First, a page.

I love my Gmail. I have a number of different email addresses and they all filter into the one inbox. (Settings/Accounts/Check email from other accounts). I’ve applied filters as well to see which email address is being used (I do this sometimes when I’m decluttering my many domain names!). I use the multiple inbox option for reply, to do, finance, reference, waiting on. These are filtered by using the star function. So, if I need to reply to an email but not straightaway, I apply has:orange-guillemet. Once I’ve replied I might change the star to has:purple-question to denote that I’m waiting on a reply. I don’t need to move the message, just change the star and it will move itself to the waiting on multiple inbox.
I use Google Tasks for checklists only. All my birthday reminders are in a list. We have a demo checklist, travel checklist, food while we’re away checklist. I also have a cleaning list and an annual reminders list. I use an app called gTasks Pro as it has more functionality than the Google app but uses the same data. It enables me to set up recurring reminders more effectively.
Google Keep is more of a post-it note reminder system. I started with some list reminders but I prefer one task, one reminder. I use labels and colours extensively. I have labels for Seed to Source, the Blind Woodturner, another joint project, our podcast, my daily routine etc. Filtering by labels is important as it can be overwhelming looking at the notes view. However, this is where Google Calendar comes into its own!
In Google Calendar I use the multiple calendar option so, again, I have one for Seed to Source, the Blind Woodturner, Home, Personal etc.
But the real joy for me is that my Google Tasks and Google Keep items are all visible in my Calendar so, even though I create tasks in different places, I have a single view of my day. I very rarely have undated Tasks or Keep items so that I can be confident that they will pop up in my Calendar.
This is a view of my calendar showing only my Seed to Source activities (blue), the Blind Woodturner (purple) and At Home with the Fishers (green). I toggled off all the other calendars, Tasks and Keep – it looks a bit like a patchwork quilt otherwise! This is my basic week. It varies a little as some activities only happen once a month or fortnight but this forms the foundation. When I complete an item, I change the colour to grey so, by the end of the week, all these activities should be the same colour. Occasionally something else might get in the way of completing a task on the scheduled day, so changing the colour shows me what’s left to do by the end of the week. It’s not cast in stone but by blocking out regular times, I’m finding it’s having a positive impact on my productivity.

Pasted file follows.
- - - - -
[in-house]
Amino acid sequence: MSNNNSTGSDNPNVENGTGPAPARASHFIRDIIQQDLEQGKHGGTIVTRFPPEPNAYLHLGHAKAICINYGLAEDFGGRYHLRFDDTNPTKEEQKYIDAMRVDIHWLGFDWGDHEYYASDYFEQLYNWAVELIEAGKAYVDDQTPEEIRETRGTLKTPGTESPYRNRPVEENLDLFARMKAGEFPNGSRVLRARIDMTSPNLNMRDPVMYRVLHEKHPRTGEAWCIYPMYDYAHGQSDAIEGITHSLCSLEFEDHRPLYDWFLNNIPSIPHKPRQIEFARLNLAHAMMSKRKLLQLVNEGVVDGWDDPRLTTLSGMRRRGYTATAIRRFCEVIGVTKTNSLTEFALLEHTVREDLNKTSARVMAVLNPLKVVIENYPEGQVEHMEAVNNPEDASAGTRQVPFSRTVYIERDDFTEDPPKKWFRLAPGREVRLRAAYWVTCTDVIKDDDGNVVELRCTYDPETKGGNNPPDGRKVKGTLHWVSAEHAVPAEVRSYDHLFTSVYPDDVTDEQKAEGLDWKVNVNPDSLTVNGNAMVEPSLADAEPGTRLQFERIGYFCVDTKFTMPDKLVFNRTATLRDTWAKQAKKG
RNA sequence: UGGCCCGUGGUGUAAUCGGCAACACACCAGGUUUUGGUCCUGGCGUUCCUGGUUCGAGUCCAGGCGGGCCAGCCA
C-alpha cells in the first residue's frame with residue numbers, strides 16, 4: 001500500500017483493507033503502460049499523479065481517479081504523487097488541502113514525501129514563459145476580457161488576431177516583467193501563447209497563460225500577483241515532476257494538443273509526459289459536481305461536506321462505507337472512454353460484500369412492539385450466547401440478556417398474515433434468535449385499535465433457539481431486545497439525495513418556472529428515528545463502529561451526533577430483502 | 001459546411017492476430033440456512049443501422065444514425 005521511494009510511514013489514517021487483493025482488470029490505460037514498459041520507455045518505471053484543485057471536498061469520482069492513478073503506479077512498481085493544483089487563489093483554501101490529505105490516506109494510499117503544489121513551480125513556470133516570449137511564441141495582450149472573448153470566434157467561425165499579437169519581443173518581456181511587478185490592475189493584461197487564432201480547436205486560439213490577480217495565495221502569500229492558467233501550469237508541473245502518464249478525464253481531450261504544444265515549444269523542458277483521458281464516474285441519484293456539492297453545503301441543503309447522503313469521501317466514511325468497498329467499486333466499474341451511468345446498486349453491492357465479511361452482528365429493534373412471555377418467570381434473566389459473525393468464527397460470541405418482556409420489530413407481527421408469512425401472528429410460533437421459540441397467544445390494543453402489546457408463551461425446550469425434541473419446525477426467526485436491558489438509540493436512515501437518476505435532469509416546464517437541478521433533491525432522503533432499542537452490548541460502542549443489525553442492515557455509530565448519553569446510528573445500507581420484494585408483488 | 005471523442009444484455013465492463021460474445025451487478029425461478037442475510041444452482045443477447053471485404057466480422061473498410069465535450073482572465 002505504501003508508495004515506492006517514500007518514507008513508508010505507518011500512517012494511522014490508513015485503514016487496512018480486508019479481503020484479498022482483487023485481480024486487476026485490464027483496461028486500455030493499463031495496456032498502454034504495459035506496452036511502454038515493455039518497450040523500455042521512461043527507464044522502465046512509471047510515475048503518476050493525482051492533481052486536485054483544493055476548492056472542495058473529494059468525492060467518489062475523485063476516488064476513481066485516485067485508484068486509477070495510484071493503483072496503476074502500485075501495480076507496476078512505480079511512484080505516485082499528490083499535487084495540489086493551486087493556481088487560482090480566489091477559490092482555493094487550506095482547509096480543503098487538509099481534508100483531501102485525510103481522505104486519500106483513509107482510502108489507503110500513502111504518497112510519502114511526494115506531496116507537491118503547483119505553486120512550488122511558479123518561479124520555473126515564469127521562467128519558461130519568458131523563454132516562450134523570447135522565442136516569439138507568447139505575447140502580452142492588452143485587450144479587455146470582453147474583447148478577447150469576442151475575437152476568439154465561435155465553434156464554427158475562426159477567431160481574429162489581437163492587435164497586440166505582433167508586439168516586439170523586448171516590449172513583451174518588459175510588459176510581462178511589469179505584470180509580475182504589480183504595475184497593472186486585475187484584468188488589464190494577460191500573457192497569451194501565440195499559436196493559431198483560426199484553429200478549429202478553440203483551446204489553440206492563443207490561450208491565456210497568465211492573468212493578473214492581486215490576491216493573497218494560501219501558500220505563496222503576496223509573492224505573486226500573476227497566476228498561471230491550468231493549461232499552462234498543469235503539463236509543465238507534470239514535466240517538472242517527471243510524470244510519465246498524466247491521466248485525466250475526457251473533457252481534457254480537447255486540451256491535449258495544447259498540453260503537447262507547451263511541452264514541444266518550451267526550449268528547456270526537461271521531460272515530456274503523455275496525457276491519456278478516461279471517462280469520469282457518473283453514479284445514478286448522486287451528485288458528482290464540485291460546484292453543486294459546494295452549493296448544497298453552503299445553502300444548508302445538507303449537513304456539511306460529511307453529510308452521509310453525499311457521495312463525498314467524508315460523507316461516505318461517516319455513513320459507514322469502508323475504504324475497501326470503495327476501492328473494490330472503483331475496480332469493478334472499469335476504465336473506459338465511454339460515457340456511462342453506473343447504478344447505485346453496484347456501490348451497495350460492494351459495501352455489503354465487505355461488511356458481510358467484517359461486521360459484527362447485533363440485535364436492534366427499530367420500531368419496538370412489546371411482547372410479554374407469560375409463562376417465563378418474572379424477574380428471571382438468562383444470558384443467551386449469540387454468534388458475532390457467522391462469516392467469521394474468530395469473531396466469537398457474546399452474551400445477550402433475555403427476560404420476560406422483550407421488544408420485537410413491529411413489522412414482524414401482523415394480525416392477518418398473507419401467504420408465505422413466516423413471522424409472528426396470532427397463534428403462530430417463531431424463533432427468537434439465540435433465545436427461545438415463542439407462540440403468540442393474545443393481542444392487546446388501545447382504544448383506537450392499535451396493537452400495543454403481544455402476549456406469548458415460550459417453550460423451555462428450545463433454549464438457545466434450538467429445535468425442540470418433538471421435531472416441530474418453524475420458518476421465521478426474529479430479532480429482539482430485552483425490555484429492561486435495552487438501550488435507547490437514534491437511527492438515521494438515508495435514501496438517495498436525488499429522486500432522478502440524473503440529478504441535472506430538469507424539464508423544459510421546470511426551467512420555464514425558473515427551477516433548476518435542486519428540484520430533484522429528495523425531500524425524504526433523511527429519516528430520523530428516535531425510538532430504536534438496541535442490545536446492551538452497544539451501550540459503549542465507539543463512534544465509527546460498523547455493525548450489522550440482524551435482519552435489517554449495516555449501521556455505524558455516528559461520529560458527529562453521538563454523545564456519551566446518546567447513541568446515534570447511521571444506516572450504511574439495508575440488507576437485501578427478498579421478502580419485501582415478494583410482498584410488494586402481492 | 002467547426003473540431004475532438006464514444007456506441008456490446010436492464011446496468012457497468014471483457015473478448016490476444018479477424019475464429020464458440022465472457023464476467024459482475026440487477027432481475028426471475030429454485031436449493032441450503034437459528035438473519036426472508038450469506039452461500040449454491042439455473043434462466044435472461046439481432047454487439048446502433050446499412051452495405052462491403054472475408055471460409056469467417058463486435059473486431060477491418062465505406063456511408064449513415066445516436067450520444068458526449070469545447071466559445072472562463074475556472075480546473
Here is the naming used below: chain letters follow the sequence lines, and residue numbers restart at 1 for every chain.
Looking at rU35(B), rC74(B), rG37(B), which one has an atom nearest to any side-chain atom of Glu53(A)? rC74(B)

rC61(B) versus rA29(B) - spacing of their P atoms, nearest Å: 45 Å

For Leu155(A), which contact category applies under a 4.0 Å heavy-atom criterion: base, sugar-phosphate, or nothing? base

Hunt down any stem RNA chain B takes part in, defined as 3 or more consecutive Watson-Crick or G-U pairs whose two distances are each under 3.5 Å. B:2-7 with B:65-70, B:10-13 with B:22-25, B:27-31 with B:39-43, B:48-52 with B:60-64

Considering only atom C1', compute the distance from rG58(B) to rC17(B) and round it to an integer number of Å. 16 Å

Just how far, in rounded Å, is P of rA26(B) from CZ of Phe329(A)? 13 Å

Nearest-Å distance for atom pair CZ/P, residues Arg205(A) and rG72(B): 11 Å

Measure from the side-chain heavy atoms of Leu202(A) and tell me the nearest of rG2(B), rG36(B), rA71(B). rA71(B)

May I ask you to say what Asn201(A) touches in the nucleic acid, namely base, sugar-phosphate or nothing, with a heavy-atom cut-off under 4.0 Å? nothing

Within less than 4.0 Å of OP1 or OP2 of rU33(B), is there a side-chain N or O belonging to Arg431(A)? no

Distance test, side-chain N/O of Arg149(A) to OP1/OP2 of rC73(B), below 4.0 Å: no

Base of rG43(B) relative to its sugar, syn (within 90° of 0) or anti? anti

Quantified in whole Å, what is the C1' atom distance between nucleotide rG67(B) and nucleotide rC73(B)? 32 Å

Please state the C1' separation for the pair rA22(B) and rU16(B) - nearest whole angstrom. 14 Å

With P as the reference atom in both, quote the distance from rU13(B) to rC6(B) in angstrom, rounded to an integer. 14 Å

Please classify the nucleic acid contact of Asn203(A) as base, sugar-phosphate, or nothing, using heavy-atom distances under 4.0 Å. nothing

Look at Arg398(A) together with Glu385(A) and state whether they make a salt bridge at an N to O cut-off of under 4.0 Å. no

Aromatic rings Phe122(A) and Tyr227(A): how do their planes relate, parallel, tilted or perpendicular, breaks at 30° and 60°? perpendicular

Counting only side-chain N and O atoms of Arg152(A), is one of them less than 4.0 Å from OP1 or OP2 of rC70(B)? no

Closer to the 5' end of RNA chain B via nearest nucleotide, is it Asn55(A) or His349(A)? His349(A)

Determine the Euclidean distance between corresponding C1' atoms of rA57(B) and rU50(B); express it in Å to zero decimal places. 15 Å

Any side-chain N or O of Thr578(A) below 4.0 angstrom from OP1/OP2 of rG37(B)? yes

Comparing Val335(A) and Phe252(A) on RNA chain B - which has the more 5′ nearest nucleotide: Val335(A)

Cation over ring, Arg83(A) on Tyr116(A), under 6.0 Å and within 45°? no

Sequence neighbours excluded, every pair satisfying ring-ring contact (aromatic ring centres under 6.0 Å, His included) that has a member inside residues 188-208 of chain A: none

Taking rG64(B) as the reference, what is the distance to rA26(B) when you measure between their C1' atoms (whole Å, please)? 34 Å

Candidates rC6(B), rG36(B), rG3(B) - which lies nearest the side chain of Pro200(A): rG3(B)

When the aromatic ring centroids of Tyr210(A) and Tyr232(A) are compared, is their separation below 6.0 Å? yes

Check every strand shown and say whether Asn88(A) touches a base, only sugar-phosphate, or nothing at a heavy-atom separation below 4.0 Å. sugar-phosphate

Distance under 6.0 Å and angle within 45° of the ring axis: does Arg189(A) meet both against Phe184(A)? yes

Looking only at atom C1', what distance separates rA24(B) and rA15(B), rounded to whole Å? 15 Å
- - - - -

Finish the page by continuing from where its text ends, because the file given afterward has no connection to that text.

I used to be an Evernote fan but, a few months ago, I fancied a change and came across Bear again. I had dabbled with Bear briefly before. The upshot was, I cancelled my Evernote account, migrated all my notes to Bear and took out a subscription.
I like the colour schemes with Bear and the pared down view. Ideal for writing, I start my blog posts in Bear and then export them to my WordPress website with the inbuilt export function.
I use Bear just like I did Evernote as a repository for information, articles, webpages. There are a few things that Evernote did better but, overall, I prefer Bear. Plus it has such a great name and app icon!
a workable plan
I function much better with a plan. I suppose there’s an element of wanting to be in control and not letting the spinning plates drop.
Here’s what I’ve learned:
- Routines create a framework: as I mentioned earlier I don’t like to be constrained by routine. But having a daily routine to drive my actions definitely works. I get up at 06:00 every day and write until I’m hungry, then have some breakfast and get a shower. Since I implemented this, I’ve wasted less time and have been more productive. Waking up at a regular time seems to suit my body better too.
- Writing down a plan is key: it’s no good having it in your head, it has to be on paper. I’ve tried to create a workable plan, one that helps me achieve my goals but is not overwhelming or impossible. Seeing everything written down helps me ensure I don’t overload my days. The best part though is my daily to do list falls out of this plan and I don’t have to think every day about what I need to do. The brain work has already been done.
- Just do the next task: I trust my plan so I don’t get sidetracked or second guess my next action. I know that, eventually, I’ll cover my bases and get it all done.
- Keep it simple: good old pen and paper is all you need. If you do nothing else, draft your plan on paper first because there’s a lot to be said for seeing it all in black and white. Work with a system, like a bullet journal or printable monthly/weekly/daily plans – whatever works for you – and review it weekly.
I’m sure the plan will evolve over time and may require some tweaks but, for now, it’s working well and definitely helping me get more done.